Most birders keep lists of the birds they’ve seen. We can’t help it, it’s just one of those things we do, and we keep different lists for different places. I have a UK list (278) a USA list (109 – well it was only a two-week visit in 2006), a Spain list (194) an Offshore list (71 while I was working on the oil rigs), and a Life list of every bird I’ve ever seen (521).
I’ve even got a Spanish House list – everything I’ve ever seen at or flying over my house in Gran Alacant – and it works out at 41. This is quite extraordinary considering I’m in a large urbanisation, but it is helped by the proximity of the Clot, with wandering birds flying in to the relative safety of the reserve.
One of the best birds I’ve seen from my house was this overflying Common Crane. The long, thin neck outstretched, the huge size and the way it was just soaring along without much effort were the main identification points, but the clincher was the bugle-like call – far-carrying and quite distinctive, which first alerted me to the presence of this bird. Unusually, it was on its own, normally you see them in flocks.
This was almost exactly one year ago, and it highlights the fact that these birds are winter visitors to our area. They usually forage on cultivated fields, where the farmers have harvested their produce, and will clean up any remnants of crops left by the farmers. The birds fly to Spain, most of them from the vast tundras of Siberia and Scandinavia from October onwards, and can form quite large flocks particularly around the El Hondo reserve near Elche.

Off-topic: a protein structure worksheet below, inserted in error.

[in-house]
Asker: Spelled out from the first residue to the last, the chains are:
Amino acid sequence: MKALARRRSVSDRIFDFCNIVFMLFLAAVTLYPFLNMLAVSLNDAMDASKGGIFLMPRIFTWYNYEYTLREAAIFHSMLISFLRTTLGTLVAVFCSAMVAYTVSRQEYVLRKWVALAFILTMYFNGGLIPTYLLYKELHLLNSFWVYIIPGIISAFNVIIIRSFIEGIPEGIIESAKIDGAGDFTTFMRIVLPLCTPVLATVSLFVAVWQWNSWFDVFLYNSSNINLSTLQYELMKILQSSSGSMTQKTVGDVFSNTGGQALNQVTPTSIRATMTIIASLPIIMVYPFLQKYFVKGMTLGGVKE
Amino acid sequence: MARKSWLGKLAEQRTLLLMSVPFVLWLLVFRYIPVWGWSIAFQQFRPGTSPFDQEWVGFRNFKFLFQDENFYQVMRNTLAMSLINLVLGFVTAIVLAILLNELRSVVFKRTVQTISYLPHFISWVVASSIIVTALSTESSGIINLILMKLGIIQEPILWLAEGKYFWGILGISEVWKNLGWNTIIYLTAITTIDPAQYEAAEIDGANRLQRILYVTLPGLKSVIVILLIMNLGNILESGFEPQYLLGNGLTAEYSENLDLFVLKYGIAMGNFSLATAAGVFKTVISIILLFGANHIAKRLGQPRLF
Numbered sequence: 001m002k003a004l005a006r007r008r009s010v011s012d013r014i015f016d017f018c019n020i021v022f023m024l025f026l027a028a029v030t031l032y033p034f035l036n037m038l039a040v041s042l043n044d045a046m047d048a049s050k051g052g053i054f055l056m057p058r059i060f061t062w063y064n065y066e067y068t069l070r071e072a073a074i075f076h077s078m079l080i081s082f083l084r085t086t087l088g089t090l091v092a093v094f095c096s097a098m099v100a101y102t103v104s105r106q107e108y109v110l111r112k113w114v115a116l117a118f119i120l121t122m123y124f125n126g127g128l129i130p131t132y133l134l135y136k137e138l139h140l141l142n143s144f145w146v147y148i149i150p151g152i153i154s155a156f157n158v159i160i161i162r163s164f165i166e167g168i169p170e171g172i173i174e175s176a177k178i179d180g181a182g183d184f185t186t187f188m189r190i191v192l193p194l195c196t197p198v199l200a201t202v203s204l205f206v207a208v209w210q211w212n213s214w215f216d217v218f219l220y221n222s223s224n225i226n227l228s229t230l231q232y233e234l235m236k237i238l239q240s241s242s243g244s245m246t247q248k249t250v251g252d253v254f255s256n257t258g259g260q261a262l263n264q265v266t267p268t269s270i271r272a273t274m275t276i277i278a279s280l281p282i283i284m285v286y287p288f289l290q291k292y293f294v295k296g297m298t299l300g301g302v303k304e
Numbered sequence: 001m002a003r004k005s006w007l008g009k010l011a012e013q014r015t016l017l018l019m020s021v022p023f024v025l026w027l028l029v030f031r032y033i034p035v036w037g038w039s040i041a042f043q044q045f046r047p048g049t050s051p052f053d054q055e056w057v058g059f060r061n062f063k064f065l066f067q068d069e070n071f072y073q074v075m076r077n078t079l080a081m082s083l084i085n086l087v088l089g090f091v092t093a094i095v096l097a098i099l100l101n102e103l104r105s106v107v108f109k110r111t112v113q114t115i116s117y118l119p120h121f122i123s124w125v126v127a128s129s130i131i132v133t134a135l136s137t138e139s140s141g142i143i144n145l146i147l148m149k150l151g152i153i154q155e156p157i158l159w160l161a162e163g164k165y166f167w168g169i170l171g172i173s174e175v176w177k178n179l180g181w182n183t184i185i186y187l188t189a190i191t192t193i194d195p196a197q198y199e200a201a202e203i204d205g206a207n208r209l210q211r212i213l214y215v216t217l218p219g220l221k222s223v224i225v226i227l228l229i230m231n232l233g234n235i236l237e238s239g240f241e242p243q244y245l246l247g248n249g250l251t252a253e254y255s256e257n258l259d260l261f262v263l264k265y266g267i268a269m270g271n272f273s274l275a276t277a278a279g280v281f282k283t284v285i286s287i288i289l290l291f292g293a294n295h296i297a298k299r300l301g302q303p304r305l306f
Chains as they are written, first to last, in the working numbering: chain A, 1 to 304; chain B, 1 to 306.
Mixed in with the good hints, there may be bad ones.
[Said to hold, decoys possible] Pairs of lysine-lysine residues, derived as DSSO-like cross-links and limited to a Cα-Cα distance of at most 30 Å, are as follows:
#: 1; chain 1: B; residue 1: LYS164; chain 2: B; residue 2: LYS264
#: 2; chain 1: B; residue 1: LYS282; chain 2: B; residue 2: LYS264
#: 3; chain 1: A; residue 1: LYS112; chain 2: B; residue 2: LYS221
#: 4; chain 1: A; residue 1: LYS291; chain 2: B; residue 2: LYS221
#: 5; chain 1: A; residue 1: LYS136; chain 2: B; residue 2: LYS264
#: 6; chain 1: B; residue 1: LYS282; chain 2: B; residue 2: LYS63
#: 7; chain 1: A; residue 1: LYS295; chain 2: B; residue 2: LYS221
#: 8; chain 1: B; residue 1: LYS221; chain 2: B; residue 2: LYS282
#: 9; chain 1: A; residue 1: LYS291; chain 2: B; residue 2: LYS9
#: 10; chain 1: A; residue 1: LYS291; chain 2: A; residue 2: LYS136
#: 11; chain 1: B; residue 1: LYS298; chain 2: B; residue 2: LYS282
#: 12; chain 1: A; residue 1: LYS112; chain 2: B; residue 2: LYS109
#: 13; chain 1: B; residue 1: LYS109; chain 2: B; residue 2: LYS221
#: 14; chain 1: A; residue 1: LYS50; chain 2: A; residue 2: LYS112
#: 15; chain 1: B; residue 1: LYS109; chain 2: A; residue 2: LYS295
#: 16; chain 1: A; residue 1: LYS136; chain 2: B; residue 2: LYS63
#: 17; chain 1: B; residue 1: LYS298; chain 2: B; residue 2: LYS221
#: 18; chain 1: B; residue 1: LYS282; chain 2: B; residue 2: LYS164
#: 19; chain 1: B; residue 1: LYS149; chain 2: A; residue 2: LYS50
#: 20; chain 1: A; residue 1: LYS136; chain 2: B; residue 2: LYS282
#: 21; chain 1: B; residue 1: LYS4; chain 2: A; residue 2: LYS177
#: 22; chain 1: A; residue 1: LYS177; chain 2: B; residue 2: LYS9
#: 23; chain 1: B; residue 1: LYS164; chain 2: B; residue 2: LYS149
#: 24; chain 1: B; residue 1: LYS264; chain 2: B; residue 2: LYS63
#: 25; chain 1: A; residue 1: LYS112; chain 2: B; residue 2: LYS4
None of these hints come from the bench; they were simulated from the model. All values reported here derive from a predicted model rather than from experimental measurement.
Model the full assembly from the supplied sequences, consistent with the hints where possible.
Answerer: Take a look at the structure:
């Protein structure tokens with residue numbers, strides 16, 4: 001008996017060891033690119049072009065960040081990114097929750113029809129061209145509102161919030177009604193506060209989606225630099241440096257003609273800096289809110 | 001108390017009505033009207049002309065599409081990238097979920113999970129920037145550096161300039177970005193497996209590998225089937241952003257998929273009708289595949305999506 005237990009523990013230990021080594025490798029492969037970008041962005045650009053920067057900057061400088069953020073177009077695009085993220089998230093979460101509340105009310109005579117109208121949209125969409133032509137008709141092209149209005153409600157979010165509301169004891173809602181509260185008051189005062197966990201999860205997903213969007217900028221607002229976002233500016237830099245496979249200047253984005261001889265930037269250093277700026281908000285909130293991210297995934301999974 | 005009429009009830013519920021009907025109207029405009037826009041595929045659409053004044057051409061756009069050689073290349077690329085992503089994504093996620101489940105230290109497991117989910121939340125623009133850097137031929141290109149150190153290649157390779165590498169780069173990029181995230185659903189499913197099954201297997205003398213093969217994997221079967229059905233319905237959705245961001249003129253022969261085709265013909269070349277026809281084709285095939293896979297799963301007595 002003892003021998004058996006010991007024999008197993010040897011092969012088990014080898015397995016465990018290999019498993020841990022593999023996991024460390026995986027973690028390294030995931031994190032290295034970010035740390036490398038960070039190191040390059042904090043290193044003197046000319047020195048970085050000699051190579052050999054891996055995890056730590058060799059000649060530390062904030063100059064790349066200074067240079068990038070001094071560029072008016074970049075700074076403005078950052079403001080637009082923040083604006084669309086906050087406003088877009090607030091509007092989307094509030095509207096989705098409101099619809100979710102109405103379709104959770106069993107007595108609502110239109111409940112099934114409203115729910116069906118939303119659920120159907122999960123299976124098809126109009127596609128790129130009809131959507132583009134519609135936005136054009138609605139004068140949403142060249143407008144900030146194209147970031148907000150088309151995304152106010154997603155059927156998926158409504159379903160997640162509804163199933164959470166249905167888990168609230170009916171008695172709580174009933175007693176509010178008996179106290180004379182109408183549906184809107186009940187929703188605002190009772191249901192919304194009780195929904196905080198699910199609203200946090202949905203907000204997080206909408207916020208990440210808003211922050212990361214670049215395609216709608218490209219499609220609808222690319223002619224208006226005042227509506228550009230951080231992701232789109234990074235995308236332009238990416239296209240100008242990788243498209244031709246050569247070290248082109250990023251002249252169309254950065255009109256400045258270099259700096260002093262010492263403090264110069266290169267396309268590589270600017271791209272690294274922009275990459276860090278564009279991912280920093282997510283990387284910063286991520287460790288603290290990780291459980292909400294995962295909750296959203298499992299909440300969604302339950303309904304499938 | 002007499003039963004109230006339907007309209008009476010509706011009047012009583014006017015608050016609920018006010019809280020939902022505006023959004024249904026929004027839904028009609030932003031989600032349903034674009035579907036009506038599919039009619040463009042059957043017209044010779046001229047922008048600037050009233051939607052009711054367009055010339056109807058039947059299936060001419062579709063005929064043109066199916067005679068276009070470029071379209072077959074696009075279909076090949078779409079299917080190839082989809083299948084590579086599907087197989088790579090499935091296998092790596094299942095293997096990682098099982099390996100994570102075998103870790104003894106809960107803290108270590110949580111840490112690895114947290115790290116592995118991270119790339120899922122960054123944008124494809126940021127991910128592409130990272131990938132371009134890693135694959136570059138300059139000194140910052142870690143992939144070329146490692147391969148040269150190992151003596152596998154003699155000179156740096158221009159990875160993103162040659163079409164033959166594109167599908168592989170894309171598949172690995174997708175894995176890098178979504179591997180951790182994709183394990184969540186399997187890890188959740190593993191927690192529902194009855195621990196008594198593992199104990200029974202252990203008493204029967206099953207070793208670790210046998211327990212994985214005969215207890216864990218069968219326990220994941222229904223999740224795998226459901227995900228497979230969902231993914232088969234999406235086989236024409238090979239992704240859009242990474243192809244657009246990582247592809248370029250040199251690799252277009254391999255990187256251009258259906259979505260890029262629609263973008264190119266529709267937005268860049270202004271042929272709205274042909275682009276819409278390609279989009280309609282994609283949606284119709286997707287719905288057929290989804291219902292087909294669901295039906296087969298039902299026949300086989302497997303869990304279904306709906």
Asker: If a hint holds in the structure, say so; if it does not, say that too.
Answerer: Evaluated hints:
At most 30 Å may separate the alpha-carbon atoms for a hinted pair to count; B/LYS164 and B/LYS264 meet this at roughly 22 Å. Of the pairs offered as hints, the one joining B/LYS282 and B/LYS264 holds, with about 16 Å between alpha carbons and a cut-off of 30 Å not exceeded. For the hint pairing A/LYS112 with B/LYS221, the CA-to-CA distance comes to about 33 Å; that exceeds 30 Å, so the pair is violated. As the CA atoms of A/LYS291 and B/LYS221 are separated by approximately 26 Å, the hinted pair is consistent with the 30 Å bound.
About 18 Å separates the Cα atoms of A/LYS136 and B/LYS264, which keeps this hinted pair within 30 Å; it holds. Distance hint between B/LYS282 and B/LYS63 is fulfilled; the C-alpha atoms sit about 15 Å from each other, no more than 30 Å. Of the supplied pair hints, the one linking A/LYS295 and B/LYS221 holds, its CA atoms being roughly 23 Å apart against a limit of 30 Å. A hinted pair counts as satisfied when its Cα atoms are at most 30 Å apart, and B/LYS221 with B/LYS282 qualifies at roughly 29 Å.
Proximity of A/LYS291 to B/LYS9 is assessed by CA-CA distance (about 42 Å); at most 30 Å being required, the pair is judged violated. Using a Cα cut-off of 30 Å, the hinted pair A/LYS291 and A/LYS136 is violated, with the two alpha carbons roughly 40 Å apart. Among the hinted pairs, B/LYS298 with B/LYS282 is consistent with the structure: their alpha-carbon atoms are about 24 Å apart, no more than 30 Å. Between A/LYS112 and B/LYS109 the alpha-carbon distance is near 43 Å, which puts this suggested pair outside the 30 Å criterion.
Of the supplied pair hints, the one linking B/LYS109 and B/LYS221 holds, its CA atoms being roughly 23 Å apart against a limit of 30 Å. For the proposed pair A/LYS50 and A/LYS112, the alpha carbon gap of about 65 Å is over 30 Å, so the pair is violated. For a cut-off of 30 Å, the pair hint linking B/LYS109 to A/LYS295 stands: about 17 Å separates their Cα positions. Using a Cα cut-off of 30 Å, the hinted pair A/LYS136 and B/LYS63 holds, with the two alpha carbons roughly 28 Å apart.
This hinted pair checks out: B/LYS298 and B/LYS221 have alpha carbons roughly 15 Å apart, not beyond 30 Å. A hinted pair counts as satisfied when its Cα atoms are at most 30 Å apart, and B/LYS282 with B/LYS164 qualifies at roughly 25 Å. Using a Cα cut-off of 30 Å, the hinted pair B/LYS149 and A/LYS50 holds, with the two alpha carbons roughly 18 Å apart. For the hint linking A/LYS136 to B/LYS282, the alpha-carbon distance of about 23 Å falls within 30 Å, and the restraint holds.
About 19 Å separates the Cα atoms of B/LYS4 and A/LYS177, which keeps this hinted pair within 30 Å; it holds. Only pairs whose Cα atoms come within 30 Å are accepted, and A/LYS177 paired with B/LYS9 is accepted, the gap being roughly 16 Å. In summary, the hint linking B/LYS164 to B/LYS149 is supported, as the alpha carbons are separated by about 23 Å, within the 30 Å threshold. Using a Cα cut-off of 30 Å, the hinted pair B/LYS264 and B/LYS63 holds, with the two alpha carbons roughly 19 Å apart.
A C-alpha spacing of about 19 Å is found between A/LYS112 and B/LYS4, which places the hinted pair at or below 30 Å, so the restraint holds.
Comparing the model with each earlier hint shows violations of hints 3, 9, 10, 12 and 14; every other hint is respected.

The Common Crane was extinct in the UK for 400 years until quite recently, through hunting and loss of habitat, but in 1979 a few pairs managed to breed successfully in the Norfolk Broads. In 2010, the Great Crane Project – a partnership between the RSPB, World Wildlife Trust and the Pensthorpe Conservation Trust – set out to help this small population of birds. By creating and improving existing habitat and carefully hand-rearing young birds, the project aimed to restore healthy numbers of wild cranes throughout the UK by releasing them on the Somerset Levels and Moors.
What is personally even more exciting for me is that Cranes have bred successfully near my home in Aberdeenshire, and my second picture shows three of the birds on a nearby river estuary in August this year (with a crow in the foreground to provide an estimation of the crane’ huge size!). At the time of writing, they have moved on from the area, so in November when I am looking for Cranes in Spain it is nice to think that I might be seeing these selfsame birds on the Costa Blanca!
You can see more photographs of birds from our area by visiting www.marketheridge.smugmug.com
See you next month.